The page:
Timeline Kastellorizo: Riches, Ruins, Rebirth

Its key position within the complex landscape of the eastern Mediterranean meant Kastellorizo would seldom cease being a subject of contentious outside powers.


During its millennia-long history, the island of Kastellorizo has found itself at the interface between Greek civilization and the adjacent cultures of Asia Minor, lying at the crossroads of East and West, and of trade and war.

In this timeline, we explore the complex and triumphant, and oftentimes turbulent history of this remote corner of the Dodecanese, the easternmost Greek territory.

PREHISTORIC ERA

 

It’s likely that Late Mesolithic and Neolithic migrants and settlers passed through and had a presence on the island, although no archaeological evidence for this has yet been found.

LATE BRONZE AGE

The island’s first permanent inhabitation may have occurred during this period. Two Bronze Age shipwrecks (14th and 12th century BC) discovered in the vicinity show Kastellorizo already lay on important East-West shipping routes.

8th-5th CENTURY BC

Kastellorizo falls under the expanding regional influence and authority of Rhodes, eventually becoming one of its key naval bases and a flourishing commercial crossroads within its territory, the Rhodian Peraea.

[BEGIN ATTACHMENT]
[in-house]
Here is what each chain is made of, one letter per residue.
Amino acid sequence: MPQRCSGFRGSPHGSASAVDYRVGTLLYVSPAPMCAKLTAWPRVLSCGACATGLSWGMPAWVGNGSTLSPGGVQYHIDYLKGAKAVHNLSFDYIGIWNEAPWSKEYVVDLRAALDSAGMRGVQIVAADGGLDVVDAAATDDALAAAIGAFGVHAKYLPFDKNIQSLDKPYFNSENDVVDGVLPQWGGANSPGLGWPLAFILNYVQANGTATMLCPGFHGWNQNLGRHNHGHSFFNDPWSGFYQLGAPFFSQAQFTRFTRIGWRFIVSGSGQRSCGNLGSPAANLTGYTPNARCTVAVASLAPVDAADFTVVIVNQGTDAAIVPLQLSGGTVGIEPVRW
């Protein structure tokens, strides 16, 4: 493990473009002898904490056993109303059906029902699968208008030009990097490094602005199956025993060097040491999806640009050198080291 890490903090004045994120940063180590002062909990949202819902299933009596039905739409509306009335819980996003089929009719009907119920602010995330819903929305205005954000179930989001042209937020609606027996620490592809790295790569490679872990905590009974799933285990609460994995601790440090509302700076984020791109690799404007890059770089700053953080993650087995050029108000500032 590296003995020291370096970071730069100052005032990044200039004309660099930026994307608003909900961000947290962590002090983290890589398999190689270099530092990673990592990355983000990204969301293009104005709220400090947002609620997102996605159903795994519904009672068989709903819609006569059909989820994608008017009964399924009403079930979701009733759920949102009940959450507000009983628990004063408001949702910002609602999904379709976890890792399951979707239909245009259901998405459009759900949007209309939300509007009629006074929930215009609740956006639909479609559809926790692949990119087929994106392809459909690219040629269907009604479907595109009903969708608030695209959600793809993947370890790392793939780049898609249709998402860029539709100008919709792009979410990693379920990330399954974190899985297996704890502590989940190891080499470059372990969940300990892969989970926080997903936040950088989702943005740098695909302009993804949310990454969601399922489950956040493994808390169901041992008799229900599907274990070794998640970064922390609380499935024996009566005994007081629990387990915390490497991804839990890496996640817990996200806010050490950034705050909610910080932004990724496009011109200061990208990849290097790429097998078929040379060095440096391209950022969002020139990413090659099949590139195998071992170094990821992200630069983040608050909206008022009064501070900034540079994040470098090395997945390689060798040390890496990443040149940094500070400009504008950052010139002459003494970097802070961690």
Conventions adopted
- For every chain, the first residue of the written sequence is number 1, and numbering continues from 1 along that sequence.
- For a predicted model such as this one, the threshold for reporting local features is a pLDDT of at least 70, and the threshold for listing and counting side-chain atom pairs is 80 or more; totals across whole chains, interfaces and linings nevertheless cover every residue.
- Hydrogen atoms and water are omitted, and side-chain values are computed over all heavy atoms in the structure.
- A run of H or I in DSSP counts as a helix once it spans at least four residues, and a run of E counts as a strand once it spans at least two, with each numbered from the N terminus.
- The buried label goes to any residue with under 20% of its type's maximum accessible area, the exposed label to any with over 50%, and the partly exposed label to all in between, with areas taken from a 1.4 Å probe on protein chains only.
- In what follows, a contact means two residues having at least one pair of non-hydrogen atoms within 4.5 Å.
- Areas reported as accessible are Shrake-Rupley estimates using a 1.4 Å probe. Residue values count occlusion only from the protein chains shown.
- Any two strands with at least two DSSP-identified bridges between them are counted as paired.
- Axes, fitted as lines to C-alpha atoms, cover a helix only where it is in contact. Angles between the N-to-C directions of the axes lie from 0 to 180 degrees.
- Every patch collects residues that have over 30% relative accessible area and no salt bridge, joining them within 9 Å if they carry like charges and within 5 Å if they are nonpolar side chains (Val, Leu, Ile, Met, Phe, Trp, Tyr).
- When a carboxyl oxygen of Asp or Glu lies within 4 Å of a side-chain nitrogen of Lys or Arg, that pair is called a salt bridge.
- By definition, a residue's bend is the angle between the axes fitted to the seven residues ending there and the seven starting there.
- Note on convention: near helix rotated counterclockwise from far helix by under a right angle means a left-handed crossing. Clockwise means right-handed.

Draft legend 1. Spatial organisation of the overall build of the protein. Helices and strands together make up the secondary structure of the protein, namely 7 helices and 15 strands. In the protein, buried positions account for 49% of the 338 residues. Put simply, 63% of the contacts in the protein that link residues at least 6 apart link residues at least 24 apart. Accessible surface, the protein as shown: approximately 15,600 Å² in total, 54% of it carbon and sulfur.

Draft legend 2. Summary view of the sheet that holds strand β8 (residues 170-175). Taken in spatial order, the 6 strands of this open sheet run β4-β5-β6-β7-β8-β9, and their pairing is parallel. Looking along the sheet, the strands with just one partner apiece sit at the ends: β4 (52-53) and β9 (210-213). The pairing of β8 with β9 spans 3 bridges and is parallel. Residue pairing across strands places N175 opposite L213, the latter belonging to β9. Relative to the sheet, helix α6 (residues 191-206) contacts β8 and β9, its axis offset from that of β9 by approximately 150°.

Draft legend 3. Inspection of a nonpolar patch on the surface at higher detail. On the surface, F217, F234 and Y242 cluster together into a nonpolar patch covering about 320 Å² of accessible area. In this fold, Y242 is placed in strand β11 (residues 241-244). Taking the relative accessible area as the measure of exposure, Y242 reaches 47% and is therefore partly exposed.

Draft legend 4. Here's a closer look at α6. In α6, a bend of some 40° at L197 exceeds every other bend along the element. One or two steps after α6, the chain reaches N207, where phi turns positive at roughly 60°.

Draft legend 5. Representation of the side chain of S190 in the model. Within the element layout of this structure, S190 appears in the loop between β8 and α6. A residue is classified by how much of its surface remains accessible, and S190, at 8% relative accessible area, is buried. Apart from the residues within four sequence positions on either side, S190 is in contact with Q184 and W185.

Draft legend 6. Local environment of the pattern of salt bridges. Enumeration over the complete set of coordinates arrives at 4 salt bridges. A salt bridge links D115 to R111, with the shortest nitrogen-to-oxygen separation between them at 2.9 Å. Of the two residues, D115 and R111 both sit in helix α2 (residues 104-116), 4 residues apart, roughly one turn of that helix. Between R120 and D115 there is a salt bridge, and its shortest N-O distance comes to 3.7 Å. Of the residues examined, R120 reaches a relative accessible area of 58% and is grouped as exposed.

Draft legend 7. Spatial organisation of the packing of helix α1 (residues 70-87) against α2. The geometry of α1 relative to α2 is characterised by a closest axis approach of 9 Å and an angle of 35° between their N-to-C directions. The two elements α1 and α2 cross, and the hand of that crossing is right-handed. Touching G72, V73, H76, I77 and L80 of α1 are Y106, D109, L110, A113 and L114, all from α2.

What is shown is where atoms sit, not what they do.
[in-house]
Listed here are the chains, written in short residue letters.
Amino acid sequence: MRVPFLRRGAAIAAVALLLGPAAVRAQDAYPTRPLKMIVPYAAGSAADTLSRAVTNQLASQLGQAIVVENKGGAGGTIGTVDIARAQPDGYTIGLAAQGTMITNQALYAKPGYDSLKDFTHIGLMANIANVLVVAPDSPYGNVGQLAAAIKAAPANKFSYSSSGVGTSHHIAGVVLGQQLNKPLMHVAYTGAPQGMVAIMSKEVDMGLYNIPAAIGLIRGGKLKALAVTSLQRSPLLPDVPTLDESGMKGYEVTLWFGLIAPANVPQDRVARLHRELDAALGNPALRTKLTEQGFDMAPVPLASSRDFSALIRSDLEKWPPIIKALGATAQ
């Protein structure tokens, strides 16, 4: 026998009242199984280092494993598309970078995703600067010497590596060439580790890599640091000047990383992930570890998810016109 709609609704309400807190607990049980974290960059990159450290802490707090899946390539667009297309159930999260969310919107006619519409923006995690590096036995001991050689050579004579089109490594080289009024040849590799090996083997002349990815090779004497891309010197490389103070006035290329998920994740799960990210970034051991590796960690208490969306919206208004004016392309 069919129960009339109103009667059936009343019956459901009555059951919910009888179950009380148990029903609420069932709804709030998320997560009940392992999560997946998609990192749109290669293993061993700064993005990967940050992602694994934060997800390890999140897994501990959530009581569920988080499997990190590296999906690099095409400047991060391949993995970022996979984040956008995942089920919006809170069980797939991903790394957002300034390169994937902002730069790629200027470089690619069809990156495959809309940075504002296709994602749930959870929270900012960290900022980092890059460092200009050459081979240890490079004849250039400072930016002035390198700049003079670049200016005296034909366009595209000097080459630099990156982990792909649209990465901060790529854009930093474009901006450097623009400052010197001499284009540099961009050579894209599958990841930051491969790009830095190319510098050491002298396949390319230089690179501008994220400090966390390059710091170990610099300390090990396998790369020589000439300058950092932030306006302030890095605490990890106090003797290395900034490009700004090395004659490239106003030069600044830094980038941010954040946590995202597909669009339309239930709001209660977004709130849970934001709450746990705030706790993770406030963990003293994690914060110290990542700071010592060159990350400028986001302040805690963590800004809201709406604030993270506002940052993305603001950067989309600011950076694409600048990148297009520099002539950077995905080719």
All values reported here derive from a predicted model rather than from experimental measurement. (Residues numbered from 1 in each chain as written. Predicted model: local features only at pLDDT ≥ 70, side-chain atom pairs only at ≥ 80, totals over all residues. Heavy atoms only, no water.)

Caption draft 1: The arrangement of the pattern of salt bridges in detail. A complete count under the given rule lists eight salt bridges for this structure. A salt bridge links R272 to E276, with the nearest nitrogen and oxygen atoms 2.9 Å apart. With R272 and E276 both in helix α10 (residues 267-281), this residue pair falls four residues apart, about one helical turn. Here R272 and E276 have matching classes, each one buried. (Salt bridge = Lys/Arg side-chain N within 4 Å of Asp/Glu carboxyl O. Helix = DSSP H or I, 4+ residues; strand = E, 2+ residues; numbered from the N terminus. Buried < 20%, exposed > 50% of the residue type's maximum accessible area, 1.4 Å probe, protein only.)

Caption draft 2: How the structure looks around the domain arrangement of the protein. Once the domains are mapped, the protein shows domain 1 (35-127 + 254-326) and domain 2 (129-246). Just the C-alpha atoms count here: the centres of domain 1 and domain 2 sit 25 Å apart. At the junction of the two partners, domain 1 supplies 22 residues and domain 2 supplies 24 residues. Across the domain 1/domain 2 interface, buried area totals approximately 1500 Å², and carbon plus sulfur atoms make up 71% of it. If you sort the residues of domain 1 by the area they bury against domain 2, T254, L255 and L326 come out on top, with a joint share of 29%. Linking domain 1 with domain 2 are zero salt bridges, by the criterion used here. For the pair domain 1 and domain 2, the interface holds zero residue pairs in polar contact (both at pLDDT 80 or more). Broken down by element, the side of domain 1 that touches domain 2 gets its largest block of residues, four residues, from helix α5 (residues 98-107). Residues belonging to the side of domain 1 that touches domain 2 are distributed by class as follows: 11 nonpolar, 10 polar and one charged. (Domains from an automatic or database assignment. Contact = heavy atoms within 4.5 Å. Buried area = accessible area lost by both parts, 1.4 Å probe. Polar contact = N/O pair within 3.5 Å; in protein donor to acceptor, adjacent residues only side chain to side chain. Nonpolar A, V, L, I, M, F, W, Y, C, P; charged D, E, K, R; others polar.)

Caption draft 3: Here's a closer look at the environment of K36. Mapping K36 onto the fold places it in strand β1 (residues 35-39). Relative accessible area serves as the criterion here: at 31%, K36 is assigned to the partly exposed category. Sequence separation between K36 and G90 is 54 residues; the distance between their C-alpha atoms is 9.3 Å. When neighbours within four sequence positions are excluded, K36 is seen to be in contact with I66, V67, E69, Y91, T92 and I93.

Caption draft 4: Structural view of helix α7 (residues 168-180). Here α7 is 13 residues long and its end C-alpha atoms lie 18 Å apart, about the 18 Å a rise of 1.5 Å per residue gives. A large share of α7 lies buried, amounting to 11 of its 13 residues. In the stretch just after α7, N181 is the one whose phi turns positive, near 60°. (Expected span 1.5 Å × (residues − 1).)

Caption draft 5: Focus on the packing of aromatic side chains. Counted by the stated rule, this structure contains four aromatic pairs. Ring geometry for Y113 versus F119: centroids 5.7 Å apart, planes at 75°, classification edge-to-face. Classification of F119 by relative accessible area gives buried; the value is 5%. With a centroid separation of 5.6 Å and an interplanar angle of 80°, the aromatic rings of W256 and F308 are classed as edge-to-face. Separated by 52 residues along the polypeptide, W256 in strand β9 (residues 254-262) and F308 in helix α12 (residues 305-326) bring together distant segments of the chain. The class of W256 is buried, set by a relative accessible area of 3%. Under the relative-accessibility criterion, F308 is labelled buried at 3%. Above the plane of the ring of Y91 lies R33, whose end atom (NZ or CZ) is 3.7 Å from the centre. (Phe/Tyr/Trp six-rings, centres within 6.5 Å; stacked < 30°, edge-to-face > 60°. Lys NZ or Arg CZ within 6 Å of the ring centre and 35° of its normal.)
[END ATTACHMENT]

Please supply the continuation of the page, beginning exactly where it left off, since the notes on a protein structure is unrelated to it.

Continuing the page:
450-400 BC

Kastellorizo’s defenses are established or greatly strengthened. Paliokastro’s fortress, the foundations of the harborside castle and the ornate Lycian tomb below it date to this era.

188 BC

 

Rhodes’ regional dominance is supported by Rome in the Treaty of Apamea.

166 BC

Now wishing to temper the competing naval and economic might of Rhodes and the Rhodian Peraea, the Romans declare the island of Delos to be a free port. It soon takes over as the Aegean’s main commercial clearinghouse for Eastern and Western goods.

164 BC

The island falls under Roman authority after Rhodes concedes its regional powers to Rome.

4th-7th CENTURIES

Early Christian churches are built on Kastellorizo. With the rise of Constantinople, the island eventually becomes part of the Byzantine Empire.

1306-1309

The Knights of Saint John occupy the island while campaigning to take over Rhodes, which they successfully do by 1309. On Kastellorizo, now known to Europeans as Castello Rosso (formerly Megisti), they establish the imposing castle (c. 1380) overlooking the port.

15th-EARLY 16th CENTURIES

Catastrophic raids are carried out by the Egyptian Mamluks (1440, 1444) and Ottomans (1480). Meanwhile, Kastellorizo is ruled by the Crown of Aragon and its successor states.

1523

 

The Ottomans seize all the Dodecanese Islands. They lose Kastellorizo to the Venetians in 1570, but recapture it in 1635. A French-Venetian force briefly occupies the island in 1659, but cannot hold on to it.

18th CENTURY

At last, in an era of relative calm, Kastellorizo begins to flourish anew as a shipping and commercial base. The island’s Greek inhabitants also establish communities on the opposite coast of Asia Minor. The Kastellorizians’ increasing prosperity is undeterred even by the violent raid of the pirate Lambros Katsonis (1788), who briefly besieges and forces the surrender of the island’s Ottoman garrison.